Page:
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Comment Re:The State is the true source of these problems (Score 1) 150

I don't think you can claim good faith by ignoring an existing, published, patent claim.

That only makes the crime of Patents even worse.

It means that every imbecile that is applying for a Patent is suppressing the free flow of ideas, without even having been awarded a Patent and its protection.

Theoretically, this means that you might not have rolled out some software because someone has applied for a Patent, the applicant fails to be granted the monopoly protection of the State, and then all the years that the software has been less than what it could have been are lost forever, including all the cumulative iterations and user feedback etc etc. that you would have gained had you put the idea in the builds. This is not the way things should be. People should not have to be constantly looking over their shoulders or worrying that one day, years down the line they will be sued by some behemoth.

Complete insanity. No doubt about it.

Comment The State is the true source of these problems (Score 0) 150

Not only is this Patent patently insane, but that it is retroactive is completely unacceptable.

Anyone building software in 1999, who assumed that there was no patent on this particular piece of 'Intellectual Property' was acting in good faith, now the State says that they are liable to pay, or be put out of business, fined or put into gaol. Give me a break.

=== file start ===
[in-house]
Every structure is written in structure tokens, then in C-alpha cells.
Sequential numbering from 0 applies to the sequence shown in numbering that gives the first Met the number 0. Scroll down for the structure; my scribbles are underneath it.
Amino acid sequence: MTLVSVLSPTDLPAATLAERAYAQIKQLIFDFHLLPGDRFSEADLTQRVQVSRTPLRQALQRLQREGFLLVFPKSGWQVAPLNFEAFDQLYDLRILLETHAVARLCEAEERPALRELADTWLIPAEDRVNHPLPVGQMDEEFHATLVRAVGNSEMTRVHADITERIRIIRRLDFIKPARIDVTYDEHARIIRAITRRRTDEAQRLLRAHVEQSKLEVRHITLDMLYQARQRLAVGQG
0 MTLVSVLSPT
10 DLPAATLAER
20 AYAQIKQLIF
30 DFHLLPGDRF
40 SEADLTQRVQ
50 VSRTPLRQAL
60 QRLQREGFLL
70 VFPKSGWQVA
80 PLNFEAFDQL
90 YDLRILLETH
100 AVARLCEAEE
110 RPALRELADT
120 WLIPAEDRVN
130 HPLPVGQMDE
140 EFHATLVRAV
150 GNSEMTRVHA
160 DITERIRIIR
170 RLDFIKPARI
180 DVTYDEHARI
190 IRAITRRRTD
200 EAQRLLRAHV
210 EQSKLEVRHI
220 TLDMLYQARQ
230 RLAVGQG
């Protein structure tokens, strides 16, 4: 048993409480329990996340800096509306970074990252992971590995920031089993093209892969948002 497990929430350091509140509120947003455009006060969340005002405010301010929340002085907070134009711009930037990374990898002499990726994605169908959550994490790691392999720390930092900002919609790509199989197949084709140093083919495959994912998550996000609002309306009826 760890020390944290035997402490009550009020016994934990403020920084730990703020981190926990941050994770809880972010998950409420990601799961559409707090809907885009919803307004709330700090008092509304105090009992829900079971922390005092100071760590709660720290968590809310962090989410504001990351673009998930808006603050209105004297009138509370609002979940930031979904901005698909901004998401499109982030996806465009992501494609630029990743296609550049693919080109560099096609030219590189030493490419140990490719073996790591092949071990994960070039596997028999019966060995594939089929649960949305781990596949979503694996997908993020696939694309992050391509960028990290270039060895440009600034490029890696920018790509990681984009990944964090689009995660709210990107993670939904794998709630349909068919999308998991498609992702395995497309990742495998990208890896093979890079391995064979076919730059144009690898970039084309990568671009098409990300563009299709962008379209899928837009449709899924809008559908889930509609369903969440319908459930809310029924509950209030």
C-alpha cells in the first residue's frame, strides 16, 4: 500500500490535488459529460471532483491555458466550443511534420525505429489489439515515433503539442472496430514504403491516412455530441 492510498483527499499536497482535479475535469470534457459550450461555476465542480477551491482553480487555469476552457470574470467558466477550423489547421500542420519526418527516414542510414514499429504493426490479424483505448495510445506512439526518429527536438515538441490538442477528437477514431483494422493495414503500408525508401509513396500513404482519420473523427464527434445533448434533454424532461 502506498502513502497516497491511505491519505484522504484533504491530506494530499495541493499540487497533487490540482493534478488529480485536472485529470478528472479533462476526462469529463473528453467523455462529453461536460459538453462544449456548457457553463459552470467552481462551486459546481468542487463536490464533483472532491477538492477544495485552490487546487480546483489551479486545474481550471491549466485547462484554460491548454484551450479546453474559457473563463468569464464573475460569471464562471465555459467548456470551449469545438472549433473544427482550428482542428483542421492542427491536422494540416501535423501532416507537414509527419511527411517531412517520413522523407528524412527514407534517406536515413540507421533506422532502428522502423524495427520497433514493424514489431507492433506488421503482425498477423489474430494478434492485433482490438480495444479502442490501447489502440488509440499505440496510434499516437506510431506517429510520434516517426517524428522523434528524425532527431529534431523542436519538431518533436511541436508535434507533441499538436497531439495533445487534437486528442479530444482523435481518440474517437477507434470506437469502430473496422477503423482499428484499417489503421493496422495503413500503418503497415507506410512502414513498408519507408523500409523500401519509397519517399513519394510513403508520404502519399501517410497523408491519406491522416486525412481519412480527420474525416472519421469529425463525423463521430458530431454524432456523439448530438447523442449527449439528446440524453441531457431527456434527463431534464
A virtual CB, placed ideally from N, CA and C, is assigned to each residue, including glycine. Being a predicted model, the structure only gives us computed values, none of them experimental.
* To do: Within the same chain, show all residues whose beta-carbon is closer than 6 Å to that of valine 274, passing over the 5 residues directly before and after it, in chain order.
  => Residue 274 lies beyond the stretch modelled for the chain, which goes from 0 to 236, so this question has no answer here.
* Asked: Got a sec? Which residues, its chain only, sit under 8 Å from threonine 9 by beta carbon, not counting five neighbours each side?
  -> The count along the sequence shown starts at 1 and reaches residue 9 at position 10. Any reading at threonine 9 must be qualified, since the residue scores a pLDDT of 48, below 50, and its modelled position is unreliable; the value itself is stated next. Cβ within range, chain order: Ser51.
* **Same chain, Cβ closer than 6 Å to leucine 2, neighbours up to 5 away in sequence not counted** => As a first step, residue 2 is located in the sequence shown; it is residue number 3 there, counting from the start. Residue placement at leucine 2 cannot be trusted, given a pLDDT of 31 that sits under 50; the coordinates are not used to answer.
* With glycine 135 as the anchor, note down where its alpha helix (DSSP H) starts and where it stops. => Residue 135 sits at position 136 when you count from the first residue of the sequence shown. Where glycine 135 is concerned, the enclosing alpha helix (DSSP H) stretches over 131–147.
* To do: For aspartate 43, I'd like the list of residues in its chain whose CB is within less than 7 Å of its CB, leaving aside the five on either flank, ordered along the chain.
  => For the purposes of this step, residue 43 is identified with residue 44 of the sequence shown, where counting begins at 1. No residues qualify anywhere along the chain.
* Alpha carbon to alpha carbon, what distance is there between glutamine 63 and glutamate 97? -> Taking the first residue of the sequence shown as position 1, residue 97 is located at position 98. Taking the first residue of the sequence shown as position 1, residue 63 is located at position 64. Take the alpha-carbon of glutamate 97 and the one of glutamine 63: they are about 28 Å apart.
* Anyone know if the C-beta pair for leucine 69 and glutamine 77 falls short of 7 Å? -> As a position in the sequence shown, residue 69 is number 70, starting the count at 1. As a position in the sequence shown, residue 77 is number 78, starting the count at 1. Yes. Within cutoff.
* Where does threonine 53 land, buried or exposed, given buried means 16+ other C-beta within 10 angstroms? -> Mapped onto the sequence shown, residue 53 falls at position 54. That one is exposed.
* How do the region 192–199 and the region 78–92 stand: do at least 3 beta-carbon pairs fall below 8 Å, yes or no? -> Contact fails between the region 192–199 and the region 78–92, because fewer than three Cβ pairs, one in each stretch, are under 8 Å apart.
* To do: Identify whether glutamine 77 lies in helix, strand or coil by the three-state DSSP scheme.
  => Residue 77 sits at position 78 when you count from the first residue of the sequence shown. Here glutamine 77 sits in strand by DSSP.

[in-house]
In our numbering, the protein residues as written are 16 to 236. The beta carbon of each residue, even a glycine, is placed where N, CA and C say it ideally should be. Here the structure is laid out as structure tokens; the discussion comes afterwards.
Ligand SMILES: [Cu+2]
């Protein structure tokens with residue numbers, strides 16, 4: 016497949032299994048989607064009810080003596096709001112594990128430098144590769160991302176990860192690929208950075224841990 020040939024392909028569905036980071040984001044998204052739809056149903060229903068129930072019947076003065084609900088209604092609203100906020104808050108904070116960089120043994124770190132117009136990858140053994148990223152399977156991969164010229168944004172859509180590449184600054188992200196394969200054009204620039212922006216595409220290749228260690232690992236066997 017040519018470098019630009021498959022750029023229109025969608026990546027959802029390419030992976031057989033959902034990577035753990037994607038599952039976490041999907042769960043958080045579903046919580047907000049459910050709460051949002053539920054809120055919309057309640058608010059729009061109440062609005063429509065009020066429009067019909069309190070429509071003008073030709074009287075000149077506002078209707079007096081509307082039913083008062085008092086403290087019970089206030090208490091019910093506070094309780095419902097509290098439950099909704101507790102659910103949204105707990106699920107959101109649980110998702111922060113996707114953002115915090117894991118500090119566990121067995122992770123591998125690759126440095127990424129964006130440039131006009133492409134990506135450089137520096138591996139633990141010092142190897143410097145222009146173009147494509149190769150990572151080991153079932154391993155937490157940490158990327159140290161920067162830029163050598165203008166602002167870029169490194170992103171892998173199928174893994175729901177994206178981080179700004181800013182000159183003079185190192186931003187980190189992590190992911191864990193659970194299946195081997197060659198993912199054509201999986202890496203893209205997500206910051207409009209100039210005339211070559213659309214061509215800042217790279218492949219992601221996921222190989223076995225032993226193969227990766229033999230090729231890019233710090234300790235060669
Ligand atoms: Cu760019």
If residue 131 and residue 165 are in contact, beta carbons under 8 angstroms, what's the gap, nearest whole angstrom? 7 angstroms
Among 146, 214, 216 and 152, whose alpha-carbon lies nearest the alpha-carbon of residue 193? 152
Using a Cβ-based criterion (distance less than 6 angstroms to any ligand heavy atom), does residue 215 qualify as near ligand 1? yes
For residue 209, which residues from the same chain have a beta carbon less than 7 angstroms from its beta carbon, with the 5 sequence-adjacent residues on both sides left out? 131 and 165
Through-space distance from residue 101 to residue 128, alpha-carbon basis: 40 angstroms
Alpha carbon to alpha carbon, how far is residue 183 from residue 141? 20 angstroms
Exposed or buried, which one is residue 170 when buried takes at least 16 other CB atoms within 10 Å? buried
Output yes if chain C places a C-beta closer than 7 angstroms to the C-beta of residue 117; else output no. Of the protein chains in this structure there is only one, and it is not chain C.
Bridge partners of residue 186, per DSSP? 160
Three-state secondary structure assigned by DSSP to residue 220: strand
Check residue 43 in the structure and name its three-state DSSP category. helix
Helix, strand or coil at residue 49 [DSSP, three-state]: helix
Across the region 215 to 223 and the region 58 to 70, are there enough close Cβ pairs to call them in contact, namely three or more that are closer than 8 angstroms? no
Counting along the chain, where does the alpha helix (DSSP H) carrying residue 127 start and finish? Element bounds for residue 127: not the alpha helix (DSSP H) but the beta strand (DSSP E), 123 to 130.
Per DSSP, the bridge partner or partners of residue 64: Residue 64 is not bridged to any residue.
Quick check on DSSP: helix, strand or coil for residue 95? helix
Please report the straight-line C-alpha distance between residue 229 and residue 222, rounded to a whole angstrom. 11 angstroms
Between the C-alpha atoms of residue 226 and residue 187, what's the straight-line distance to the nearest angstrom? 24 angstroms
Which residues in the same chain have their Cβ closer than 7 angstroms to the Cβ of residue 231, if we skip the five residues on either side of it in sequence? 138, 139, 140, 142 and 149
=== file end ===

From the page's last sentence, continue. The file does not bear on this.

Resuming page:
Absolutely disgusting, and of course, the whole Patent debacle is an excrescence of the predatory and mafia like state; the sooner we are rid of it the better.

In a single moment, when the State is removed, the Software Patent regime will cease to exist, and all the benefits we can expect (as detailed in 'Against Intelectual Monopoly') will begin to emerge, starting with the new software that will start to flow freely, unencumbered by the monopolies granted by criminal and inherently violent governments. Medicine will be cheaper, engines more efficient; everything will improve and the pace of innovation will increase by orders of magnitude.

Death to the State and its evil Patents!


Google Patents Browser Highlight All Button 150

An anonymous reader writes "Google has picked up another patent on a technology that you might think basic to the web: the highlight all button for searches in browsers. The patent will backdate to 1999 and presents an interesting problem for such software as the Firefox browser and FeedDemon RSS reader. And, in an interesting twist, Microsoft uses a similar mechanism in Windows Explorer. But Microsoft itself said that browser technology can't be separated from the operating system. Does that mean the company owes a royalty to Google for all those copies of Windows?"

Comment The definitive word on this complete failure (Score 1) 332

From a UK blogger Chris Applegate:

"This could have been a nice idea; crowdsourcing opinions from ordinary citizens and the wider public away from the professional lobbyists or niche activists and giving them a more coherent and representative voice. It could be used to take a hard look at some of the laws that people have found restrictive over the years, whether they be anti-terror laws, anti-smoking or anti-foxhunting (for the sake of this analysis, I’m deliberately being neutral on what I think of these respective matters). Instead, it’s so vague and generalised that it’s become “a massive dickhead magnet” (© Justin) within hours of opening.

The submission form (login required) doesn’t ask for specifics on which laws or regulations should be looked at, but rather “ideas”, which renders it near-pointless. The questions for the form fields are so vague – “What is your idea?” and “Why is your idea important?” that you could literally put anything there. The moderation policy implies they operate post-moderation – i.e. no moderation – with little or no prescreening at all.